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Home :: Archive :: 2005 :: November ::
Living Characters
The Shakespeare Conference: SHK 16.1966  Tuesday, 29 November 2005

[1] 	From: 	Joseph Egert <
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	Date: 	Sunday, 27 Nov 2005 20:36:46 +0000
	Subj: 	Re: SHK 16.1946 Living Characters

[2] 	From: 	John Briggs <
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	Date: 	Tuesday, 29 Nov 2005 00:30:14 -0000
	Subj: 	Re: SHK 16.1955 Living Characters

[3] 	From: 	David Bishop <
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	Date: 	Sunday, 27 Nov 2005 19:45:57 -0500
	Subj: 	Re: SHK 16.1955 Living Characters


[1]-----------------------------------------------------------------
From: 		Joseph Egert <
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Date: 		Sunday, 27 Nov 2005 20:36:46 +0000
Subject: 16.1946 Living Characters
Comment: 	Re: SHK 16.1946 Living Characters

Stu Manger's assault on "extravagant innovation", if reinforced, would 
inevitably discourage imaginative exegesis of Myriad Man's living art. 
It would give heart to all surface crawlers dreaming to limit and 
constrict rather than expand and stretch the bounds of "legitimate" 
discourse.

Fine word "legitimate"! Let the Forum partake of Edmund's vigor and 
ingenuity. We need more upstart crows, not fewer. No more caged Ariels.

Let the eagle soar!

Joe Egert

[2]-------------------------------------------------------------
From: 		John Briggs <
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Date: 		Tuesday, 29 Nov 2005 00:30:14 -0000
Subject: 16.1955 Living Characters
Comment: 	Re: SHK 16.1955 Living Characters

Peter Bridgman wrote:

 >It may be just a coincidence but Susanna and Judith are both names not
 >found in Protestant Bibles.  Daniel 13 and the book of Judith were
 >among the books the reformers threw out.

Well, no.  The Apocryphal books were included in Protestant Bibles until 
the nineteenth century - as a separate section, of course.  See Article 
6 of the Articles of Religion (1562), which you can easily find in your 
copy of the Book of Common Prayer.  (Both Susanna and Judith are named 
in that Article!) You should not confuse sixteenth-century Protestants 
with modern Fundamentalists (some of whom produce editions of the 
Septuagint without the Apocrypha - "which were ridiculous".)

Biblical names from the Old Testament become common during Elizabeth's 
reign - thanks to people reading those Protestant Bibles, of course. 
Other names such as Susanna and Judith had become popular earlier in the 
century - they are names familiar from the Mystery Plays, funnily enough.

John Briggs

[3]-------------------------------------------------------------
From: 		David Bishop <
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Date: 		Sunday, 27 Nov 2005 19:45:57 -0500
Subject: 16.1955 Living Characters
Comment: 	Re: SHK 16.1955 Living Characters

Much has been said that I agree with, but part of the problem is that 
it's all so general I think any reasonable person would also agree. On a 
general level, for example, while David Frankel is right about different 
levels of awareness, I'm not sure his jargon terms are all that helpful.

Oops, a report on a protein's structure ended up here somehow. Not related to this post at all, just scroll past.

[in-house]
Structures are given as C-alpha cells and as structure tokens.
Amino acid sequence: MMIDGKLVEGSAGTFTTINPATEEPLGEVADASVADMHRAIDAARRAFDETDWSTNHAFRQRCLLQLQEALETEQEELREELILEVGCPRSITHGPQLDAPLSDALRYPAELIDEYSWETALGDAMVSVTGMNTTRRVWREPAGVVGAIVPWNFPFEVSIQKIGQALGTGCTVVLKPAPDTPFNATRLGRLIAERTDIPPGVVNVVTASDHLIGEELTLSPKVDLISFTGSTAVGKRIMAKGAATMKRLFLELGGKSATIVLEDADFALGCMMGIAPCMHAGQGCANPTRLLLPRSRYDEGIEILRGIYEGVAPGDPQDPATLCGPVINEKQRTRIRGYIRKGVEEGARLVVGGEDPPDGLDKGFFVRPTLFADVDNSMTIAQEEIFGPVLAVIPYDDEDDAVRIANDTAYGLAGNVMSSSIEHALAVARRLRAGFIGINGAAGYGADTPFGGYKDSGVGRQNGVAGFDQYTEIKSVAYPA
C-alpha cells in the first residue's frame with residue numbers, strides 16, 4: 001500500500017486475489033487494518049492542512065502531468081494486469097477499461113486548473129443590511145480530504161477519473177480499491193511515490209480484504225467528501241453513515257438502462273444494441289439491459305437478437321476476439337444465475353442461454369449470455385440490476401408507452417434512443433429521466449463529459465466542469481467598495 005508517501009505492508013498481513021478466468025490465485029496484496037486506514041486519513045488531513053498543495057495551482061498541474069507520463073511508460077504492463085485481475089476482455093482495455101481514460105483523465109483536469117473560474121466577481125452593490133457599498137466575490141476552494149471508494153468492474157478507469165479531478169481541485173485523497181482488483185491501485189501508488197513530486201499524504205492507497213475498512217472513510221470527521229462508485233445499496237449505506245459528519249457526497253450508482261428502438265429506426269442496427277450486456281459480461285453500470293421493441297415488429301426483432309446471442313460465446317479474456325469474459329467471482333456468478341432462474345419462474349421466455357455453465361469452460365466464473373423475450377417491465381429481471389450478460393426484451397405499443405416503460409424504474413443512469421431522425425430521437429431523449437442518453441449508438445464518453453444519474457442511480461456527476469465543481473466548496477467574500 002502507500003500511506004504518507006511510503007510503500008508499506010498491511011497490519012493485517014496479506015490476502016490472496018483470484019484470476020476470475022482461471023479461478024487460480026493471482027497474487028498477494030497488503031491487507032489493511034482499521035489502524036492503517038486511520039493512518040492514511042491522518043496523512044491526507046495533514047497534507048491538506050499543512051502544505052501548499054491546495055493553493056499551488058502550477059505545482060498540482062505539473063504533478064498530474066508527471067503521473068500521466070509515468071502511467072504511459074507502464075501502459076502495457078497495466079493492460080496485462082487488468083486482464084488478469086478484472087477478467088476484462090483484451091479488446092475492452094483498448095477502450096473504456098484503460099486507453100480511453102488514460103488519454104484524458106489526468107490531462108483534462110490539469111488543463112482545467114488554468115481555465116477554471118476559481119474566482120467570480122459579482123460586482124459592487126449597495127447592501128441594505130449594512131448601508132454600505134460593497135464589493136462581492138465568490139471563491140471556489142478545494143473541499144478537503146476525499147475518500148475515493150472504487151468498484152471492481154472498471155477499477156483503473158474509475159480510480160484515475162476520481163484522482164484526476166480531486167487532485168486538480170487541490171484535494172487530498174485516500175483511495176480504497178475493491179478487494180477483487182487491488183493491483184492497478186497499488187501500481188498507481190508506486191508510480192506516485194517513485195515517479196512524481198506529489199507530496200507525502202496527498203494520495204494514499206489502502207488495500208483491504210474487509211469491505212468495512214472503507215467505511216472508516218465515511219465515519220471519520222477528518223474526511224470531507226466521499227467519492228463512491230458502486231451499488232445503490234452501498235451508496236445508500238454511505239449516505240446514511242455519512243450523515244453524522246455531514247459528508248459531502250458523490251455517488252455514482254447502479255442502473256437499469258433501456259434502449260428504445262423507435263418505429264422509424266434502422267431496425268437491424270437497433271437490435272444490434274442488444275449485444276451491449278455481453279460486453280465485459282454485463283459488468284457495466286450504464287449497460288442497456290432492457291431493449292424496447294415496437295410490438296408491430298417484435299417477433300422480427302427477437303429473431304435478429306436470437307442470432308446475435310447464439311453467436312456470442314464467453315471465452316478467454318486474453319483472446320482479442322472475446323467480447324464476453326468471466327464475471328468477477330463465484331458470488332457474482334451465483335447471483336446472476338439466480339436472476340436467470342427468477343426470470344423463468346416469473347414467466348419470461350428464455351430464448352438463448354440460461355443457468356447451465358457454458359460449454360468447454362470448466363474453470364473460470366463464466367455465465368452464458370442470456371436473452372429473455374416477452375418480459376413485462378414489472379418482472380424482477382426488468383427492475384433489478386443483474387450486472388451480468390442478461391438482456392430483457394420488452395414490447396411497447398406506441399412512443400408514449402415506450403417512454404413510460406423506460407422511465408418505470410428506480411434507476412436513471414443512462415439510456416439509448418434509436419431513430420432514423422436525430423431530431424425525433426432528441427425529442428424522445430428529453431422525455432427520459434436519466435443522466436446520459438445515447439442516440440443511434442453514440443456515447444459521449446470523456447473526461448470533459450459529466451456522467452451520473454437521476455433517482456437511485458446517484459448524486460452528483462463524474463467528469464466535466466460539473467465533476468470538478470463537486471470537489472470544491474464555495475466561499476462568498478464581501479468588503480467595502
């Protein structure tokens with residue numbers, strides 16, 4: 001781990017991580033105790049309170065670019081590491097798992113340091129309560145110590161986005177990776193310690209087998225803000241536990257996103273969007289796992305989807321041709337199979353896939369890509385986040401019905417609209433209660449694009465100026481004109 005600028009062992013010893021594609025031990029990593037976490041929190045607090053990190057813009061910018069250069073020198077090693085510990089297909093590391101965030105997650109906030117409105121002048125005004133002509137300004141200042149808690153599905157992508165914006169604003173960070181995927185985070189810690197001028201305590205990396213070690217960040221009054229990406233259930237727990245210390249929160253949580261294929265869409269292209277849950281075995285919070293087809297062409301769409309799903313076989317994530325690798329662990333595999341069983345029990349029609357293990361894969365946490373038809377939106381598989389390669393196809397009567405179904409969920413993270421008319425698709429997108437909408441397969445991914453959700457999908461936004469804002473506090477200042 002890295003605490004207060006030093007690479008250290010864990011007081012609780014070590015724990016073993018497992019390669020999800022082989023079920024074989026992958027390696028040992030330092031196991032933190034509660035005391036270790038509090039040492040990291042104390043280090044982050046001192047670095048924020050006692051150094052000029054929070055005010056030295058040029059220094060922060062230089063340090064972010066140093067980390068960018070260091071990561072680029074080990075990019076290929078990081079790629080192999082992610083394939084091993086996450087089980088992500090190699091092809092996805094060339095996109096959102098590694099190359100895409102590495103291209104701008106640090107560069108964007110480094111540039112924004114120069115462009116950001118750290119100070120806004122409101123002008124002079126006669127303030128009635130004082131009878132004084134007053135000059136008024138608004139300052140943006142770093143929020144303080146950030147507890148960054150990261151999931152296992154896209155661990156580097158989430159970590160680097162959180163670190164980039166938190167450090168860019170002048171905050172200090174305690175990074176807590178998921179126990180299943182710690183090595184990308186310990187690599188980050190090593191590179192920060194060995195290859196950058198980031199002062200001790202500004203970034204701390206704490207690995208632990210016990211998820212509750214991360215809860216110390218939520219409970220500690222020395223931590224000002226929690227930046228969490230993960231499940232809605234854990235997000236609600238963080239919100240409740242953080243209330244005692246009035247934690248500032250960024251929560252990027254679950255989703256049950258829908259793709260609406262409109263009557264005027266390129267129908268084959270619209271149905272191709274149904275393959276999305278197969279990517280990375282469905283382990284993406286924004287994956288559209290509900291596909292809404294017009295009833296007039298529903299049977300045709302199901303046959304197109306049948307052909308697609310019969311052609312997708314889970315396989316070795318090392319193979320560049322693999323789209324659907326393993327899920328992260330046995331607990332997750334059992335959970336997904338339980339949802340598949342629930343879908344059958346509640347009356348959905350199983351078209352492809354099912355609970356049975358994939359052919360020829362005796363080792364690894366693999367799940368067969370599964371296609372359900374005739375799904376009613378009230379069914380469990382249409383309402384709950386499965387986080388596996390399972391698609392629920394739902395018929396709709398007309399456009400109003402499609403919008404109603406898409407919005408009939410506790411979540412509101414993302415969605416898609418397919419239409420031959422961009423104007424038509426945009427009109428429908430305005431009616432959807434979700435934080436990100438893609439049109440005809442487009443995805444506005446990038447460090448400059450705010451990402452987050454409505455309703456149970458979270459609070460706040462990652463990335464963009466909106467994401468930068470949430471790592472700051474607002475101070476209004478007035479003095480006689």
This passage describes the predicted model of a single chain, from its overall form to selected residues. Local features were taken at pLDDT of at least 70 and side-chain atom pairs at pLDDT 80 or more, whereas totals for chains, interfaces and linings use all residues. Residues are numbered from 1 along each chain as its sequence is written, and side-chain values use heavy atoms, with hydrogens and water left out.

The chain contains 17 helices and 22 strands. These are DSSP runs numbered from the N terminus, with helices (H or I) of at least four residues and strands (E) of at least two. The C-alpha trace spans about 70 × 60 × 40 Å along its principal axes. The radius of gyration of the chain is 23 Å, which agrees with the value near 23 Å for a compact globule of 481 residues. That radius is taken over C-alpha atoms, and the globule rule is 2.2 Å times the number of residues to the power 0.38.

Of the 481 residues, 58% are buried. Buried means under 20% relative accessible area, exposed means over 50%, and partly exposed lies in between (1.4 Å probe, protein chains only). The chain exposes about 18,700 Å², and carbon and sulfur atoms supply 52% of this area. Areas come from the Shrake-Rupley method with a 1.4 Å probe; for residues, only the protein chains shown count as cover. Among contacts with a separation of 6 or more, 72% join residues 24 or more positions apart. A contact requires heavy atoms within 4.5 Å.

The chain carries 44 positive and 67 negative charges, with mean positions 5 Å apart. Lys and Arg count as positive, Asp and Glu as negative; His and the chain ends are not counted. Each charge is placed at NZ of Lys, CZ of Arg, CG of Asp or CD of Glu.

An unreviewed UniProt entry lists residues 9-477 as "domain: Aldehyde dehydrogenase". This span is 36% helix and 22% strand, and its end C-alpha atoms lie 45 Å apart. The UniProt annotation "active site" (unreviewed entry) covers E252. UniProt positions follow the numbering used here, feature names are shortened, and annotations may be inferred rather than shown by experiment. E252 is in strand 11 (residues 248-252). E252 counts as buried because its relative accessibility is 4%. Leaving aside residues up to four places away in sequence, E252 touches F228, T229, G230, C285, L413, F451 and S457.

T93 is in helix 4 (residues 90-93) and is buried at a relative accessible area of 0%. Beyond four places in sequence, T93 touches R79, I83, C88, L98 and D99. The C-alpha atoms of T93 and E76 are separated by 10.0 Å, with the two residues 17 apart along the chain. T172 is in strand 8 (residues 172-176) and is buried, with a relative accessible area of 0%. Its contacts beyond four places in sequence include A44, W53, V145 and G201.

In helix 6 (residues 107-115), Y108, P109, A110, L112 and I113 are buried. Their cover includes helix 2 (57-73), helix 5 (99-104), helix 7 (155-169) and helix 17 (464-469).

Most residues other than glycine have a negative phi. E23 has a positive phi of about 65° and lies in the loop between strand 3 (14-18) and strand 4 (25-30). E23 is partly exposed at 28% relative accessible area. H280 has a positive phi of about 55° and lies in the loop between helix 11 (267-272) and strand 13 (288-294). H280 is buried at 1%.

We can hear a speech and have the more or less simultaneous reactions of 
weeping, admiring the writing, and admiring the acting and directing. 
Yes, but it's in talking about particular cases that the rubber meets 
the road. Reasonable generalizations quickly tend toward the 
platitudinous, even though in this case it's worth responding to the 
unreasonable generalization that has elicited them.

John Knapp at least touches on the specific. While I also am impatient 
with the interpretive tradition of Ernest Jones, et. al., some of what 
John Knapp says, almost in passing, as if everyone agrees, strikes me as 
inaccurate. He refers to Shakespeare's "intuitive feel for how, for
example, two brothers might display levels of sibling rivalry, and how
one persuaded his immature son into continuing the family battles." I'm 
not sure the anachronistic term "sibling rivalry" fits here--which isn't 
to say that it might not, sometimes. The ambition to be king doesn't 
require brotherhood. The fact that Claudius is King Hamlet's brother 
intensifies the foulness of the murder, but what's sibling rivalry got 
to do with it? We don't know enough about their past to say, and though 
we might assume some such rivalry in a real family, these are characters 
whose past, in the play, doesn't stretch back that far. So this would be 
an example of going beyond what's justified by the play.

As for how one brother "persuaded his immature son into continuing the 
family battles", this begs a great many questions. Laertes, in some ways 
a mirror of Hamlet, needs no such persuasion because he believes it's a 
son's duty to revenge his father's death. As I've said elsewhere, I 
think the play's focus shifts, by the end, away from revenge toward 
justice. This is only one example of the kind of unjustified assumptions 
about the play, made even by established professional specialists, which 
could use some critical examination.

Again, I wish those who take a phrase like "Hamlet feels" or "Hamlet 
believes" as evidence of amateurism would try giving us an example--even 
in 500 words or less--of an important insight into the play by a critic 
whom they respect.

On a related topic, several people have given excellent answers to John 
Reed's contention that Gertrude murdered Ophelia. That's the kind of 
thread I hope Hardy will quickly cut short.

Best wishes,
David Bishop

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